Did BlackBerry just launch a new phone, or have they found a Bold at the back of a fridge, popped it in the microwave and sprinkled some coriander on top? To me, and probably every other human being, it seems that the Canadian company has just relaunched its past.
I’m not exaggerating either. The BlackBerry Classic has a full QWERTY keypad, not the abbreviated version we find on the Passport. It even has a track pad. Yes, the iconic track pad that drove Curve users insane when it used to malfunction.
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Internally it’s a little fresher but it still features a dated Qualcomm Snapdragon from yesteryear, which is rather puzzling considering that the phone is around US$450.
But BlackBerry is appealing to a very niche market here.
It’s startling to think that a 3.5″ 720p squared-screen with buttons and a track pad can get by in today’s phablet-worshipping bigger-is-better market. Considering the rest of the phone too, we’re wondering who exactly BlackBerry crafted this device for.
Well, people stuck in the past, judging by BlackBerry CEO John Chen’s comments:
BlackBerry Classic is the powerful communications tool that many BlackBerry Bold and Curve users have been waiting for. It’s the secure device that feels familiar in their hands, with the added performance and agility they need to be competitive in today’s busy world.
Updating the Bold might not be such a bad idea though. Its keyboard was easily the best ever released on a phone, so in that regard it makes sense for those who enjoy swift, tangible messaging.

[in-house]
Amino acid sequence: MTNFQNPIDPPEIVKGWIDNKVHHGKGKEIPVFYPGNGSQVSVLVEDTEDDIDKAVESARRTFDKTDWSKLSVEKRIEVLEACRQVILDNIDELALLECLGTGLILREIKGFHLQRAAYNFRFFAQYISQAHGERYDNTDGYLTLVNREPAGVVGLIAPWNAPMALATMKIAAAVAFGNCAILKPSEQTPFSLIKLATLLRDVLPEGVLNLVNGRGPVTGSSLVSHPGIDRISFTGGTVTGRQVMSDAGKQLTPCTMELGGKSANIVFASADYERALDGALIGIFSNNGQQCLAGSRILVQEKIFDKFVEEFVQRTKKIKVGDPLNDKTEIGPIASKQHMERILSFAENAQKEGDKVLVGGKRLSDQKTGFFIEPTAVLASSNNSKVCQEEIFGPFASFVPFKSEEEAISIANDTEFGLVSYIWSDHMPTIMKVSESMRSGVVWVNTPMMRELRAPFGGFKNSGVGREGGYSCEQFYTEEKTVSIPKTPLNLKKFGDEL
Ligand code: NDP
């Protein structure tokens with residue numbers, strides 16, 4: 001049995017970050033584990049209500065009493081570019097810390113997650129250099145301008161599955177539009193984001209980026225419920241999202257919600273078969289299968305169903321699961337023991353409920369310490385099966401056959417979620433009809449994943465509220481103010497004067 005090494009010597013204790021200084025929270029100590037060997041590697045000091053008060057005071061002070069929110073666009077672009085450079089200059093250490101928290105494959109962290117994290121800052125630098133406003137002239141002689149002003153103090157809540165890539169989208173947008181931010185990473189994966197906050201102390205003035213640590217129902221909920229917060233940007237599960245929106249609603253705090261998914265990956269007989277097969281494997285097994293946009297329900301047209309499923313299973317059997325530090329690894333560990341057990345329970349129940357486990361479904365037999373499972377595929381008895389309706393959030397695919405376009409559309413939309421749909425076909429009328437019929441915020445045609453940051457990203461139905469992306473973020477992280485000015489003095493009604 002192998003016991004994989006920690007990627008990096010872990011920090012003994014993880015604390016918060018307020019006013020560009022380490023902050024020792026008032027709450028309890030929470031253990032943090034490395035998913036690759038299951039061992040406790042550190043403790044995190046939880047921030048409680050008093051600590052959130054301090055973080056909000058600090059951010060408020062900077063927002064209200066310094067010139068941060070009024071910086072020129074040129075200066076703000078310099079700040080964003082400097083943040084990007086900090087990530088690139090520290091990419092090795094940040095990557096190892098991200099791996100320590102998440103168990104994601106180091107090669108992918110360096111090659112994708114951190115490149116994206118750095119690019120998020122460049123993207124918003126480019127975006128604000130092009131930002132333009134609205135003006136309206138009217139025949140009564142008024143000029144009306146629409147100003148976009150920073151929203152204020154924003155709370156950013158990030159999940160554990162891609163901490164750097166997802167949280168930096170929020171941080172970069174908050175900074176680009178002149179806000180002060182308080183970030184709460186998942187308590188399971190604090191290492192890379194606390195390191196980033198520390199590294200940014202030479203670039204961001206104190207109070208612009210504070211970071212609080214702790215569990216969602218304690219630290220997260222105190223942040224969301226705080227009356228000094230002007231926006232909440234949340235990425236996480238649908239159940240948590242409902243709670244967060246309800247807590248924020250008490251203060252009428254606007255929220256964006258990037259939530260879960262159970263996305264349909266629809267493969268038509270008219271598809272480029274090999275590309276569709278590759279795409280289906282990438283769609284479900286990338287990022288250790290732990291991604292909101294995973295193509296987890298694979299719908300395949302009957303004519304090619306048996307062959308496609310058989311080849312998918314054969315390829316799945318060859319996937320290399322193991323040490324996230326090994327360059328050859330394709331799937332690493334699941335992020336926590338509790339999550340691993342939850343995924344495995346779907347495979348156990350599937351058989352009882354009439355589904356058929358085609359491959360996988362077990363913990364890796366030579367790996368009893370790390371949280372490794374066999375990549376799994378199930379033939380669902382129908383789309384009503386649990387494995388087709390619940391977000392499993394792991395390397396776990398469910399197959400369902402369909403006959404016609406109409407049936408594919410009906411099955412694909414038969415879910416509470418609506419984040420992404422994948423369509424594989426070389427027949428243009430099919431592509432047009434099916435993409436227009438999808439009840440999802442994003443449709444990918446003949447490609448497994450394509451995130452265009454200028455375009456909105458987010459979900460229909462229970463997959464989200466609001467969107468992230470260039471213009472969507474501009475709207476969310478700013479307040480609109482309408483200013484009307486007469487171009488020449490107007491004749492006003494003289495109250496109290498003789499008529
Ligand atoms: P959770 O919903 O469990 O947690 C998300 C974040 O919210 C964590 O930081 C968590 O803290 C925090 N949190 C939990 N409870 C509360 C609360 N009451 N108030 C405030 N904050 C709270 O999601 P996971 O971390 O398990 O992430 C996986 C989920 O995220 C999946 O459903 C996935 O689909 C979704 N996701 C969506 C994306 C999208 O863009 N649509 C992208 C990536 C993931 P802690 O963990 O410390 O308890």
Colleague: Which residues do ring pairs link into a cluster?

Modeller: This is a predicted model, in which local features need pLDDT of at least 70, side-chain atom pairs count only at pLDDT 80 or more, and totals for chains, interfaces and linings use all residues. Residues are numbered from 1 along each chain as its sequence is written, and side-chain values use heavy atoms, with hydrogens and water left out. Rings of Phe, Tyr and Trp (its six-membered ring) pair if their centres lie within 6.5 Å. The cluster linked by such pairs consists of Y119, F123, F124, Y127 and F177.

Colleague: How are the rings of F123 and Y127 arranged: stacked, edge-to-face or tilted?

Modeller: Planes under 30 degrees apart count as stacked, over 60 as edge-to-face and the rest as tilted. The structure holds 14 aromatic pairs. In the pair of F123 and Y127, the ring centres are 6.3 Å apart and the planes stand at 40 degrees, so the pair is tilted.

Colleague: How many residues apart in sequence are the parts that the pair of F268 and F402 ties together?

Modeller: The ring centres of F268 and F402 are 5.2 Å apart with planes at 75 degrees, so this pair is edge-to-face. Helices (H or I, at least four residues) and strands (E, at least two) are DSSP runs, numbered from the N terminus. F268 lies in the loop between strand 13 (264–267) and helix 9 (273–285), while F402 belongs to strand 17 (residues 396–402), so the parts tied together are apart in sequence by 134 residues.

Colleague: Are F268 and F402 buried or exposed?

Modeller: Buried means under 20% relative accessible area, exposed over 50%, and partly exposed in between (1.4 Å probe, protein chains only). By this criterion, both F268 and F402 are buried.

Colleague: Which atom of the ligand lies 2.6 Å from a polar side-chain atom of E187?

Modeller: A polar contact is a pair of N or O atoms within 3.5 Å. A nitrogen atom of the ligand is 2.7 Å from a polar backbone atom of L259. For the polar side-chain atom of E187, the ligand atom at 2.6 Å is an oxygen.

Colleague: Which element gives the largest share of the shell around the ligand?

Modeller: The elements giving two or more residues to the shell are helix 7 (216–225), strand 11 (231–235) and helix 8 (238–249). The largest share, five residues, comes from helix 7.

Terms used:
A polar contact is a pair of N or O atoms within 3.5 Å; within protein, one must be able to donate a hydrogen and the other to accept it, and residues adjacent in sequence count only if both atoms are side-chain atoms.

The phone also includes the productivity tools that makes the Passport such a hit, including Blend, BlackBerry Assistant and it runs on top of the well-crafted BB OS 10.3.
Read more: BlackBerry Passport review: back to business
With that said the Classic also feature more RAM than the iPhone 6 Plus — 2GB — while there’s 16GB storage capacity, an 8MP rear and 2MP front camera. All good and well, but other design decisions are highly questionable.
A 2515mAh non-removable battery is the first puzzle. If you’re gunning for Curve and Bold fans, surely a deeper battery life is better, or a removable battery for that matter? It’s all a little strange.
Of course, it’s easy to judge the phone without using it. I thought the Passport was a ludicrous handset initially but once I got hold of it, it was an absolute stoke of genius. Will the Classic follow in the same light? We’re not so sure really.
Although the phone is now available in the States, it will probably be coming to South Africa in early 2015, so prepare for a heavy dose of the past in the new year.